Today, Darwin’s Origin of Species “ranks among the most important books ever published, and perhaps alone among scientific works, it remains scientifically relevant 150 years after its debut,” writes Hayden.

Darwin “started out as an amateur naturalist,” writes Jones. He was “… a 22-year-old rich-kid dilettante who, after flirting with the idea of being first a physician and then a preacher, was allowed to ship out with the Beagle as someone who might supply good conversation at the captain's table.” Darwin returned “in the grip of an idea so subversive that he would keep it under wraps for another two decades,” says Jones. “ Darwin may have been independently wealthy, but in terms of his vocation, he was a self-made man.”

“Lincoln was self-made in the more conventional sense,” Jones continues. “A walking, talking embodiment of the frontier myth made good. Like Darwin, Lincoln was not a quick study. Both men worked slowly to master a subject. But both had restless, hungry minds. After about a year of schooling as a boy—and that spread out in dribs and drabs of three months here and four months there—Lincoln taught himself. He mastered trigonometry (for work as a surveyor), he read Blackstone on his own to become a lawyer. He memorized swaths of the Bible and Shakespeare. At the age of 40, after he had already served a term in the U.S. House of Representatives, he undertook Euclidean geometry as a mental exercise.”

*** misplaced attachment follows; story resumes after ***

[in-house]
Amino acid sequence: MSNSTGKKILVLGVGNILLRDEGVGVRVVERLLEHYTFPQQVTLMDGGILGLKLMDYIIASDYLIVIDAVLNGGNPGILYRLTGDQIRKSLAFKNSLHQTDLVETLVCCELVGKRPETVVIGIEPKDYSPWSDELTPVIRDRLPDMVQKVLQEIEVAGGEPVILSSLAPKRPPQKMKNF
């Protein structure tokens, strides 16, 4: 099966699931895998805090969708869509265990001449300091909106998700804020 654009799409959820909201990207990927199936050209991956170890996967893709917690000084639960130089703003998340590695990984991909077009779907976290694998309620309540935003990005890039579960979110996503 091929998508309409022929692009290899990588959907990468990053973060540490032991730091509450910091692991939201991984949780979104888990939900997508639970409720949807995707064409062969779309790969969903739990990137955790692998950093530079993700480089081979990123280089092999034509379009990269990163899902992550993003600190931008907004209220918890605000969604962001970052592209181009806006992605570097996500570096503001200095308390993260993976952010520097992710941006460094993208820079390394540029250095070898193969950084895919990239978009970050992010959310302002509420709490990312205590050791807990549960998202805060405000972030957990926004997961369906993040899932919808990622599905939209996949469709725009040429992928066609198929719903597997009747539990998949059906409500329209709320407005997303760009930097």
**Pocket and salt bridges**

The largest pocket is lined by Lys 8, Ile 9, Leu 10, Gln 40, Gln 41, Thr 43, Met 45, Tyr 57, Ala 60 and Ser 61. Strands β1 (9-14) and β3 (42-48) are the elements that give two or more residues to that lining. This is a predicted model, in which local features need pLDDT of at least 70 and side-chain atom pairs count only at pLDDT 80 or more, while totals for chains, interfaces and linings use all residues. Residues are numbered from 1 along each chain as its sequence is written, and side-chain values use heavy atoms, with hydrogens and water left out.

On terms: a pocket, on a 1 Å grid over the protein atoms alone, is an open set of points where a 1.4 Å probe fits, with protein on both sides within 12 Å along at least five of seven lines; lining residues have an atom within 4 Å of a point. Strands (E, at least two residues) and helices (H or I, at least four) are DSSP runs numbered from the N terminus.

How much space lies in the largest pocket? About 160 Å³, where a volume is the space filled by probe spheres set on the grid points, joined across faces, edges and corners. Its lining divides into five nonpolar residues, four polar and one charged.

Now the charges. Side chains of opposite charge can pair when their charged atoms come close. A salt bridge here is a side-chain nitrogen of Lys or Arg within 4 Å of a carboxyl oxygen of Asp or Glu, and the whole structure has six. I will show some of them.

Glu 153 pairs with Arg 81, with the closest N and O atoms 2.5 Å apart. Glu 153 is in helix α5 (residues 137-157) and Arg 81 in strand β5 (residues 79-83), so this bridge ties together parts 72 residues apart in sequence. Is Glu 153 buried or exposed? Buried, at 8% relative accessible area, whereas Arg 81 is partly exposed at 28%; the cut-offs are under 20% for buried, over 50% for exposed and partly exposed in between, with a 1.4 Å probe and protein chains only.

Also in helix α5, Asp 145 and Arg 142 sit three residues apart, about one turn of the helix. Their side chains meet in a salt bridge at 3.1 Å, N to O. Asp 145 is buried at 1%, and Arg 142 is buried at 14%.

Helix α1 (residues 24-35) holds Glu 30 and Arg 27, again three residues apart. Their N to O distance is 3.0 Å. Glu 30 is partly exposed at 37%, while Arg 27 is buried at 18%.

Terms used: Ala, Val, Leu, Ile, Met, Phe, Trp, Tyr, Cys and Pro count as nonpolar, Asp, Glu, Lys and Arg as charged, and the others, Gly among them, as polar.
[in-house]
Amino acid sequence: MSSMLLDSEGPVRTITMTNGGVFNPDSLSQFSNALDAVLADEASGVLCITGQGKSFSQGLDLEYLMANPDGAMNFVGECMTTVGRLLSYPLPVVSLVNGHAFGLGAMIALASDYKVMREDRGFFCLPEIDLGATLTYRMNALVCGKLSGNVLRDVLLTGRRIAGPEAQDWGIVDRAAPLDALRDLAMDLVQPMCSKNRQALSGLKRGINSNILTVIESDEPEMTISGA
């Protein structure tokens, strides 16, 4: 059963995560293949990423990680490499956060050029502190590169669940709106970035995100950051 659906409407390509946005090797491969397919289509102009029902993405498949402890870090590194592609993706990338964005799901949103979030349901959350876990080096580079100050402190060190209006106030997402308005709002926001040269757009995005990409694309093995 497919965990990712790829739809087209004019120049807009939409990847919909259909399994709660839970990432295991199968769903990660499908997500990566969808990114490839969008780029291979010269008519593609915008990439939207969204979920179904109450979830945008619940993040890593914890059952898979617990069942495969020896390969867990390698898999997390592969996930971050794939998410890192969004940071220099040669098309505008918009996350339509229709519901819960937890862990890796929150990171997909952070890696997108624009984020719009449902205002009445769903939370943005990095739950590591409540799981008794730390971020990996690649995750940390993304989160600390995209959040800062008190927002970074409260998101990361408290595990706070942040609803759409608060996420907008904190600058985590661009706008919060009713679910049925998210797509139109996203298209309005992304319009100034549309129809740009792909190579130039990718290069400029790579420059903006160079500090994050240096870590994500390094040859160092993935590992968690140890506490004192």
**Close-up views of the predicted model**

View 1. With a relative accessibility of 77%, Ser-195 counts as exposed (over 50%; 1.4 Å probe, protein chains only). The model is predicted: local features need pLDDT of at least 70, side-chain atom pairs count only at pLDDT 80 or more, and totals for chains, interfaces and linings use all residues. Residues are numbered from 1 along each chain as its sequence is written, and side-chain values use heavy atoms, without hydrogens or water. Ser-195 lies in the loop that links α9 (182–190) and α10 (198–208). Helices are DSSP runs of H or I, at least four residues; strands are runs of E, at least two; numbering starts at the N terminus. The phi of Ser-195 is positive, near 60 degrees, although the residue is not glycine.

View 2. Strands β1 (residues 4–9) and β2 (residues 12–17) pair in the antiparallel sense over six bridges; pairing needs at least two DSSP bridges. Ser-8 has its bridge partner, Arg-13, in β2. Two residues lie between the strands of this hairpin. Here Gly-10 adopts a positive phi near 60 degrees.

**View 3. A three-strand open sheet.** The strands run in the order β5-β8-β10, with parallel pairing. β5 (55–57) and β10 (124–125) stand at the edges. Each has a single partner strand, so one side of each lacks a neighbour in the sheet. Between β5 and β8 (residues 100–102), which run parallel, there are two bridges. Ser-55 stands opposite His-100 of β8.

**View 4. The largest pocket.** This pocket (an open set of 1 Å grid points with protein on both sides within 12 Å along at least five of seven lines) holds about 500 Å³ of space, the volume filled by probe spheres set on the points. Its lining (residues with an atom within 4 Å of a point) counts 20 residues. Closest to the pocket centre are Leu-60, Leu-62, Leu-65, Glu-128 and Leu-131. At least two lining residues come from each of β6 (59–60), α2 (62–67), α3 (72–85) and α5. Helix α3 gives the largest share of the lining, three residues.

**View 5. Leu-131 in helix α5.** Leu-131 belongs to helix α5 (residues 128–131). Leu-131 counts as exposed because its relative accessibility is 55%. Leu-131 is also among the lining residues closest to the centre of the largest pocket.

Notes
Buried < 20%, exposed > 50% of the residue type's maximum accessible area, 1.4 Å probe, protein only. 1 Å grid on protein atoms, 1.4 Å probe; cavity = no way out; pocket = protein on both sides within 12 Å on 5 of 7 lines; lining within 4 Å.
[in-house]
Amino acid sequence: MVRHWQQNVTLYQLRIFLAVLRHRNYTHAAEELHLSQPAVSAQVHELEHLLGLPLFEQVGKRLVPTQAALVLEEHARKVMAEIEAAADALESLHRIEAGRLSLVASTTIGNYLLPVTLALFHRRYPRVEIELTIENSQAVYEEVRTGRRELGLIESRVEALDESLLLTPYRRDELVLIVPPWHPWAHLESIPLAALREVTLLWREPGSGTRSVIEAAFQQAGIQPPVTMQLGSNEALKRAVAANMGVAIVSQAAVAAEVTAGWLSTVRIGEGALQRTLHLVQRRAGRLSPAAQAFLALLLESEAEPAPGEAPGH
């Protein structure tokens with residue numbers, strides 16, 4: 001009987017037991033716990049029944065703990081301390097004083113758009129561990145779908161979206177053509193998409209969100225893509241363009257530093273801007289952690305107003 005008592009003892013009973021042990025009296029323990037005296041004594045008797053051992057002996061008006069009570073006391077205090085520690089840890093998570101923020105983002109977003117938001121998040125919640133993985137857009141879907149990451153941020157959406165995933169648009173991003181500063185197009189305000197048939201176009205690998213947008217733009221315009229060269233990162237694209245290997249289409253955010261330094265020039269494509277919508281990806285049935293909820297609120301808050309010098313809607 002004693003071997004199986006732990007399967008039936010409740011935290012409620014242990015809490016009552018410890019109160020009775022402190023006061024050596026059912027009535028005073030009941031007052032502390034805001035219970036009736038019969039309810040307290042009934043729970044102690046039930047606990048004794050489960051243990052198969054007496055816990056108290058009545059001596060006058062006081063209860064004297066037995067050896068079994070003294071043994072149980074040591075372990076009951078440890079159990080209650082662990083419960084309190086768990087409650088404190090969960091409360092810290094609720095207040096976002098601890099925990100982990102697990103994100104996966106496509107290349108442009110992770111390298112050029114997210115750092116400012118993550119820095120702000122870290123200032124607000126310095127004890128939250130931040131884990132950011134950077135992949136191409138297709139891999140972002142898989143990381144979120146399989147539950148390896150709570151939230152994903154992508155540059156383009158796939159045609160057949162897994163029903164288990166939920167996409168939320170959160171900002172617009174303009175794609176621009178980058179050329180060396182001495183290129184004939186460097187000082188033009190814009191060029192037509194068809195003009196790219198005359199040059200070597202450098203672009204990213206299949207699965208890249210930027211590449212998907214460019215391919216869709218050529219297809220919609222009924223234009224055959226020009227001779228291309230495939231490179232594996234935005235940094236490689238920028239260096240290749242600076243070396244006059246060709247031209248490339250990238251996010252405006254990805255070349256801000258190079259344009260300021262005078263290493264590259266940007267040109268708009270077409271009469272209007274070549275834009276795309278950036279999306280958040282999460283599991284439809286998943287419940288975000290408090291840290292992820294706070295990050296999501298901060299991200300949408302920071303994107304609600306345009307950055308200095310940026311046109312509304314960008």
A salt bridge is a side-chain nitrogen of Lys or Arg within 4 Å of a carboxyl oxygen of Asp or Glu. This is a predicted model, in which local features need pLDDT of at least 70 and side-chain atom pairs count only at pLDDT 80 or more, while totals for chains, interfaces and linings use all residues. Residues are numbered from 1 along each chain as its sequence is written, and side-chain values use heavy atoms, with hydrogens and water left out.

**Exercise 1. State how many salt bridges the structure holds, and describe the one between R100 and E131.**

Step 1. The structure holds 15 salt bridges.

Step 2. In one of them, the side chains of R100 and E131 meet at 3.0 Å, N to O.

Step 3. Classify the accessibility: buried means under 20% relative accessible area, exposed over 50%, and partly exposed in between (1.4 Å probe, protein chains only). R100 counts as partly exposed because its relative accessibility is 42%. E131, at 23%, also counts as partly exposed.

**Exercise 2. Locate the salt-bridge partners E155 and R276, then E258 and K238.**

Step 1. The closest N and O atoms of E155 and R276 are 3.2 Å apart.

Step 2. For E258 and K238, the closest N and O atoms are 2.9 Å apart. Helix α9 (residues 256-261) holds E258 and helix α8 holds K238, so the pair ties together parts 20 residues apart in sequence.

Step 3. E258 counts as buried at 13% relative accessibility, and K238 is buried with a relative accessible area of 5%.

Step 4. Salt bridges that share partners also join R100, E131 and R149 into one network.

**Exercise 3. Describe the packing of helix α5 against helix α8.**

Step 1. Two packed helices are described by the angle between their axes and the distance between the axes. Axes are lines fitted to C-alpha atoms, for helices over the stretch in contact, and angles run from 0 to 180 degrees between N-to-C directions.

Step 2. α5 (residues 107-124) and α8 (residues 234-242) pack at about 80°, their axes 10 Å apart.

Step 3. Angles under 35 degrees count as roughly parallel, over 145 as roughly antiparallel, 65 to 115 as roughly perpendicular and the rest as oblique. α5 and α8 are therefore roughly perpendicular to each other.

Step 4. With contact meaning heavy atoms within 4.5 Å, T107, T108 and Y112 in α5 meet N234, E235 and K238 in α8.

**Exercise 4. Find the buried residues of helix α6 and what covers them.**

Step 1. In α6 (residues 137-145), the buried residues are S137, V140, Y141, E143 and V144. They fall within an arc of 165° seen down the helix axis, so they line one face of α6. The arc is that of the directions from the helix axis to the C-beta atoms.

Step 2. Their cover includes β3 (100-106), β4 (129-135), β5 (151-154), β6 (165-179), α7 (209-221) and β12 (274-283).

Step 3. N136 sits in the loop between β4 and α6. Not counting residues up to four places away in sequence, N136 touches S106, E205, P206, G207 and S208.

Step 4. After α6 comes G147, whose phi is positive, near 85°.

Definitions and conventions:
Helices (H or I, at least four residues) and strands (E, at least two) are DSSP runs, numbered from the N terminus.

Capping his eloquent tribute to these two men, McHenry ends his blog article with this thought: “Is it too trite, in this so sophisticated age of doubt and irony, to note simply that each man did the work he found himself called to, and did it with unequalled grace? Can we set aside the suspicion that we, most of us, are not up to their example and instead rejoice that they were of our species?”

Nina Munteanu is an ecologist and internationally published author of novels, short stories and essays. She coaches writers and teaches writing at George Brown College and the University of Toronto. For more about Nina’s coaching & workshops visit Visit for more about her writing.